"In this world of a gazillion data points, customers 

    also follow trust.  This may simply look like inertia, 

    but smart marketers put a lot of effort into 

    retention.  Where products and services are 

    undifferentiated, service, experience and relationship 

    are the differentiators."

Arthur Einstein also addresses the IPO-as-Marketing-Event 

concept that Holland Carney laid out at New Economy:


    "Unfortunately, the IPO only happens once.  But a 

    Superbowl commercial can go on forever.  Apple 

    introduced the Mac in 1984 with a spot that ran once, 

    but Jobs and Chiat Day and Regis McKenna had the wit 

    and skill to make that commercial a year-long PR 

    event.  It has never been done better."

Scott Berry ( observes:


   "We're seeing two overlapping productivity effects 

    [that interact] to mask what's really going on. First,

    productivity is indeed skyrocketing.  How anybody can 

    doubt this is beyond me. But second, and 

    counterbalancing the productivity increase, is that 

    competition is getting more intense. When information 

    is nearly ubiquitous, and large corporations are on 

    the same level playing field with garage start-ups, 

    the effort required to achieve each inch of advantage 

    rises sharply. Hence the 70 and 80 hour work weeks, 

    the phone calls during dinner, the Sunday brunch 

    business meetings. 


   "We're left with an increase in 'output' per hour, 

    accompanied by an increased need to work more hours. 

    Thus it's easy for "old school" economists to say 

    there's no "macro-visible" productivity increase, 

    while the "new economists" don't understand why people 

    can't see a productivity explosion. The effect for the 

    average person is more variety, cheaper products, 

    faster growing companies, richer entrepreneurs, and--

    unfortunately--a longer work week."

And Scott Berry also says:


   "I think you hit the mark about IPO 'branding'. One 

    of the major reasons my wife and I bought Qualcomm 

    phones is that we're large -- and very happy -- 

    shareholders. Being an investor encourages one to 

    delve deeper into a company's products to learn just 

    why they're better. If they don't have a sustainable 

    advantage, they're not a good investment nor a good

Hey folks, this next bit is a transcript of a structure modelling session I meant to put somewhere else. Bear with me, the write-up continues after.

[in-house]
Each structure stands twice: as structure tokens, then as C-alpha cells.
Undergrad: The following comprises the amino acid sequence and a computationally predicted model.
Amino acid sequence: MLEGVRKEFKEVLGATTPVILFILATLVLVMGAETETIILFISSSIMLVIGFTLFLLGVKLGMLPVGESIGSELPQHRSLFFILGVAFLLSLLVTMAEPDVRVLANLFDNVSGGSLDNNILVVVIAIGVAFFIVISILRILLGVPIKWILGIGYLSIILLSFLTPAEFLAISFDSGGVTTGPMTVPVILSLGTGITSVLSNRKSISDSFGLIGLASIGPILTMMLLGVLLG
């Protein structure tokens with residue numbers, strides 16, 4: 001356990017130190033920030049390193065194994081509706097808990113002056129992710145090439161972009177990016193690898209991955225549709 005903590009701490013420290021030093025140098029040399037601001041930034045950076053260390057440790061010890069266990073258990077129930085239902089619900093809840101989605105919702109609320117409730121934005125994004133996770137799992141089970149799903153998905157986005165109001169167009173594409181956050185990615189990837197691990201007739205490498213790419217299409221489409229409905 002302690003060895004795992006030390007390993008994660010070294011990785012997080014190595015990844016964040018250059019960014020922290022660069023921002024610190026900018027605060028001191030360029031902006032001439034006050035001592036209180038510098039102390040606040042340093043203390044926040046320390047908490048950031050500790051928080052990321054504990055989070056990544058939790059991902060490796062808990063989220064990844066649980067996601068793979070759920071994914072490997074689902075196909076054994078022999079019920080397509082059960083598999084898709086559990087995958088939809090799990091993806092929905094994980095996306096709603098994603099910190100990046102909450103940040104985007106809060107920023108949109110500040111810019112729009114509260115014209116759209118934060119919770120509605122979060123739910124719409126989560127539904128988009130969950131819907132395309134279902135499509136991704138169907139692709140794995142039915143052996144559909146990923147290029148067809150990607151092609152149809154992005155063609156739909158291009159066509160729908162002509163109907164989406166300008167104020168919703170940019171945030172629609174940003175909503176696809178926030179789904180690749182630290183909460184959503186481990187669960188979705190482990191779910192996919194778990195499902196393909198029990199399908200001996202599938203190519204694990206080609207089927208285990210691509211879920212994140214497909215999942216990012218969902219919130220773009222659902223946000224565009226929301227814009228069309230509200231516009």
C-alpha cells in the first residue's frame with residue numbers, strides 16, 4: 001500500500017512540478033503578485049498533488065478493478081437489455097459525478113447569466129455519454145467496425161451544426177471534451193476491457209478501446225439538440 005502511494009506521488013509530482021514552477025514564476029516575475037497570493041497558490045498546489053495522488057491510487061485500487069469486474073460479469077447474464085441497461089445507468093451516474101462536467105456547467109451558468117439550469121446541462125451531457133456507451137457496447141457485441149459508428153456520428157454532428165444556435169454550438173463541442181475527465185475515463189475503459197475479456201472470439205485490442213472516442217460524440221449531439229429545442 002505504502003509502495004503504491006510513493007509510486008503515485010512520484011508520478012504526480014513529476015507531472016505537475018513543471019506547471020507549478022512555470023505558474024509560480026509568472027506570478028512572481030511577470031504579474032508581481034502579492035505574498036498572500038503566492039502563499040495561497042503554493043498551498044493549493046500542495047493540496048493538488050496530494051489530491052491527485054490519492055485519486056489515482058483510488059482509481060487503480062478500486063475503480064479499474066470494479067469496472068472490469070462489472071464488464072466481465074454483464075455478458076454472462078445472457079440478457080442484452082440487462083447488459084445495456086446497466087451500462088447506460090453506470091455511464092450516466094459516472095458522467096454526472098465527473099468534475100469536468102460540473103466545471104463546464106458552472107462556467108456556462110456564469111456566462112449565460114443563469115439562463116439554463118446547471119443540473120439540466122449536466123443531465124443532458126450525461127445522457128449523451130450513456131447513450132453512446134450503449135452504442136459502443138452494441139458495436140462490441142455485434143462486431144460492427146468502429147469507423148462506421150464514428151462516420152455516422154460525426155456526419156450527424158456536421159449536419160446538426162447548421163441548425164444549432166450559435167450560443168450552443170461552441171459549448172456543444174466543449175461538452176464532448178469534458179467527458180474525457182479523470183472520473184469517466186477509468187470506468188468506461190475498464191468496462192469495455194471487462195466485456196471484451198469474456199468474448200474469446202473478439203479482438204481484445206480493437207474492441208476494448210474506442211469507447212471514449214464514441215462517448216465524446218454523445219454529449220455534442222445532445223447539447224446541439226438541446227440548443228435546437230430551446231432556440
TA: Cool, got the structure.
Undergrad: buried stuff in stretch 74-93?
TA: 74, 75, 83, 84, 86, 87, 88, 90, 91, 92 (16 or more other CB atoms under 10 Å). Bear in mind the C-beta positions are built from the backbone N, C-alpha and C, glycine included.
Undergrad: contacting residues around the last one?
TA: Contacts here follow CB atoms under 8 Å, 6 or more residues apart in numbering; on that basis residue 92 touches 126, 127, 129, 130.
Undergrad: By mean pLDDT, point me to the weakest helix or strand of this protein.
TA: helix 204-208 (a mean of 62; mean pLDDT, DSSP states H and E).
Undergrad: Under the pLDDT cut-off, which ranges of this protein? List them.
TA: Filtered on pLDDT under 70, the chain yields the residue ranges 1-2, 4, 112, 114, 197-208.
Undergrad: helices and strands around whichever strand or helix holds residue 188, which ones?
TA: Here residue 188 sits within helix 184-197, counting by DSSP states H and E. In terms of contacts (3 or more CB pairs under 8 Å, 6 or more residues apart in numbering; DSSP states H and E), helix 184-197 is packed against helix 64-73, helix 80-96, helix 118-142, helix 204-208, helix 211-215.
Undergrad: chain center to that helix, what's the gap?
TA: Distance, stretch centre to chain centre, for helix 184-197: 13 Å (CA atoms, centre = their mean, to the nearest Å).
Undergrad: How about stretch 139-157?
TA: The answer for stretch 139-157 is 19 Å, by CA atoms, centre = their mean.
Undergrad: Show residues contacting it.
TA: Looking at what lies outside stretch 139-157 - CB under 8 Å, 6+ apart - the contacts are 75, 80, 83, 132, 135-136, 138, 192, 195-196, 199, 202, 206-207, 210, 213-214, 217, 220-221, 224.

David Conrad ( makes the 

following observations about Eric Raymond and the Open 

Source Movement:

   "As ISC [the Internet Software Consortium] was 'open 

    source' long before the term even existed, I felt I 

    should comment:

   "A problem with Open Source apps is that there are a 

    lot of fingers attached to the eyeballs Eric likes to 

    talk about and (arguably unqualified) people like to 

    kibitz.  An analogy would be a scientific peer review 

    system that lets the peers reviewing an article modify 

    the article reviewed.

   "Another problem is uncontrolled 'creeping 

    featurism' . . . unless you have a benevolent dictator 

    (Linus Torvalds for the Linux kernel, the Apache Core 

    group for Apache, Eric Allman for Sendmail, ISC for 

    BIND, etc.).

   "The difference between 'Open Source' and a 

    'Chaordic software organization' is a matter of 

    reward.  I suspect Eric Raymond would argue that the 

    reward opensourcers are after is recognition instead 

    of dollars -- they don't care about the intellectual 

    property they are developing.  Bill Joy doesn't see 

    this as compensation.

   "Linux is Chaordic to some extent, in that 'Linux' 

    is primarily the kernel.  The rest of the goop that 

    folks like Redhat sell are distributions.  Linus sets 

    the standard for the Linux kernel.  Redhat (Caldera, 

    etc.) adds value to that kernel in its own way."

And where SMART Letter #29 ranted, "Why did the Open Source 

Movement get so enthusiastic about re-doing unix? . . . Why 

doesn't it do an Open Source Java-like system?" David Conrad 



   "Don't confuse press hype with reality -- open 

    source movement is all about collaborative 

    development/peer review of source code, not a